By figuring out some of these things early on, your business will have a much stronger foundation. It’ll also prevent some of the distractions and weaknesses that other mature organizations face.
3. Social Media Management
Social media is obviously an important tool for businesses of all sizes, but it’s especially valuable for small businesses who are otherwise limited by a small budget or confined to a very specific geographical market. Here are a few things to think about:
- Put some things on autopilot. There are tons of powerful social media tools that allow you to streamline mundane tasks by scheduling posts, tracking account activity, and organizing newsfeeds. Identify the tools that you believe will help you the most and put time-consuming responsibilities on autopilot.
- But manually handle other tasks. Don’t make the mistake of automating every social media task, though. Some are best handled manually. For example, you don’t want to automate responses to followers. You risk sounding generic and compromising your reputation.
- Jump into the future. While social networking staples like Facebook and Twitter are still important, small businesses should jump into the future and experiment with visual platforms like Instagram, Snapchat, and Periscope. The industry is clearly headed in this direction and you don’t want to get left behind.
Social media is something small businesses need to focus on in the early days. However, there’s a right way and a wrong way to approach it. Make sure you’re maximizing your time and resources by aligning your business with the right tools.
4. Customer Service
While the first challenge for young businesses is to attract customers, the second challenge is to keep them coming back for more. Sadly, small businesses often forget about customer service until they notice that their retention rates are suffering. Here are a few things to think about:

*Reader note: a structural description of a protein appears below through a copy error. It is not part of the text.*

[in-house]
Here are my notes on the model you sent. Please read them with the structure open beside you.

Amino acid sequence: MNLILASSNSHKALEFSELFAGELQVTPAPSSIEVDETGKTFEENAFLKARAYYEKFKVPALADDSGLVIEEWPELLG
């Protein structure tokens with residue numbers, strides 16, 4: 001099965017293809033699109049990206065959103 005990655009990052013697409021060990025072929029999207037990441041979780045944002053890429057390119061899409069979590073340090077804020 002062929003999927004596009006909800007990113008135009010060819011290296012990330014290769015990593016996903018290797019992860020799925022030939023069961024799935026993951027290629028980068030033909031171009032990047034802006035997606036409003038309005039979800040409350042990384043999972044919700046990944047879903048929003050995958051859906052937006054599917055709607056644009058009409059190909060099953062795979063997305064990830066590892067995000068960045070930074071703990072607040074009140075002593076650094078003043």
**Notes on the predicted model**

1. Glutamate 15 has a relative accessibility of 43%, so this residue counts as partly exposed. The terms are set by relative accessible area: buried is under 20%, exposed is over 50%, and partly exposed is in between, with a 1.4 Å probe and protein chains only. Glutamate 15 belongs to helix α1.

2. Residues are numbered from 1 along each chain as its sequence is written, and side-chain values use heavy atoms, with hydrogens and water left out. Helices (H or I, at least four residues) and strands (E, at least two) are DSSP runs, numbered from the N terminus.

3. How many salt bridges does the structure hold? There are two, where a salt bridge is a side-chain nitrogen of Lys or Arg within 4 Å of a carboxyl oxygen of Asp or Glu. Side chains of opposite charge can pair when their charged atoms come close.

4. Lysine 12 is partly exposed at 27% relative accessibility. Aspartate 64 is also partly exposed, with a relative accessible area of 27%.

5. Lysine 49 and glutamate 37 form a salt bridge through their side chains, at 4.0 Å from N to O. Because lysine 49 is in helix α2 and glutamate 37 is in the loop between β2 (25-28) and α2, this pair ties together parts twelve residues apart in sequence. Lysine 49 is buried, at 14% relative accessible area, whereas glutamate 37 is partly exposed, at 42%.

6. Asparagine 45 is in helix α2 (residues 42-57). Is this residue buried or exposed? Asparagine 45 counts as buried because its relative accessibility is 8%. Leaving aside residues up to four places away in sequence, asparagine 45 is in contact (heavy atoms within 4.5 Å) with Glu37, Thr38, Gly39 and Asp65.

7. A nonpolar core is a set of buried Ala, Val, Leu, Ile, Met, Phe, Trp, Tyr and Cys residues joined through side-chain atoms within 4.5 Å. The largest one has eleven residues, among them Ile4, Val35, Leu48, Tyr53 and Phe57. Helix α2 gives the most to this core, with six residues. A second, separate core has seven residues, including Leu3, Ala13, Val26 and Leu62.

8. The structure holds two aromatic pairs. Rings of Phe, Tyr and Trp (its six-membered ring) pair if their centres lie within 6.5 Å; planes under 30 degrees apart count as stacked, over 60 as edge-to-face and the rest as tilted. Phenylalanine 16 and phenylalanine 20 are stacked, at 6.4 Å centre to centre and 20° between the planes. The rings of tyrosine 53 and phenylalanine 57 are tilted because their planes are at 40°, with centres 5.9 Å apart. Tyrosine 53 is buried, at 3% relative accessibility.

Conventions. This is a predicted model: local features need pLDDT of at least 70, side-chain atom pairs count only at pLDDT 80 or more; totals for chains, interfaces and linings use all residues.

- Develop a goal. Your customer service needs a strategy. Develop tangible goals and strive to maximize each and every exchange you have with your customers. Quick, efficient, and satisfactory are three good words to focus on.
- Open the lines. Good customer service is rooted in approachability. If you want to keep customers satisfied, you have to be open to communication. Simply offering a support email address isn’t enough. You should have other options, including a help hotline.
- Take a top-down approach. One of the biggest things that sets small businesses apart from larger organizations is the hands-on nature of customer service. As a business owner, you can make a huge difference by taking an active part in customer service yourself. It speaks volumes when the leaders get involved.
As much time as you spend working on things behind the scenes, you should be dedicating even more time to shaping your approach to customer service. Keep these three ideas in mind.
Putting it All Together
Similar to individuals, businesses go through different stages of life. And while it’s hard to ignore the importance of any life stage, the first few months and years are arguably the most significant. It’s during this time that you build a foundation that will shape the trajectory of your organization.
Carefully consider the responsibilities you face and make calculated moves that put your business in a position that’s conducive to long term stability.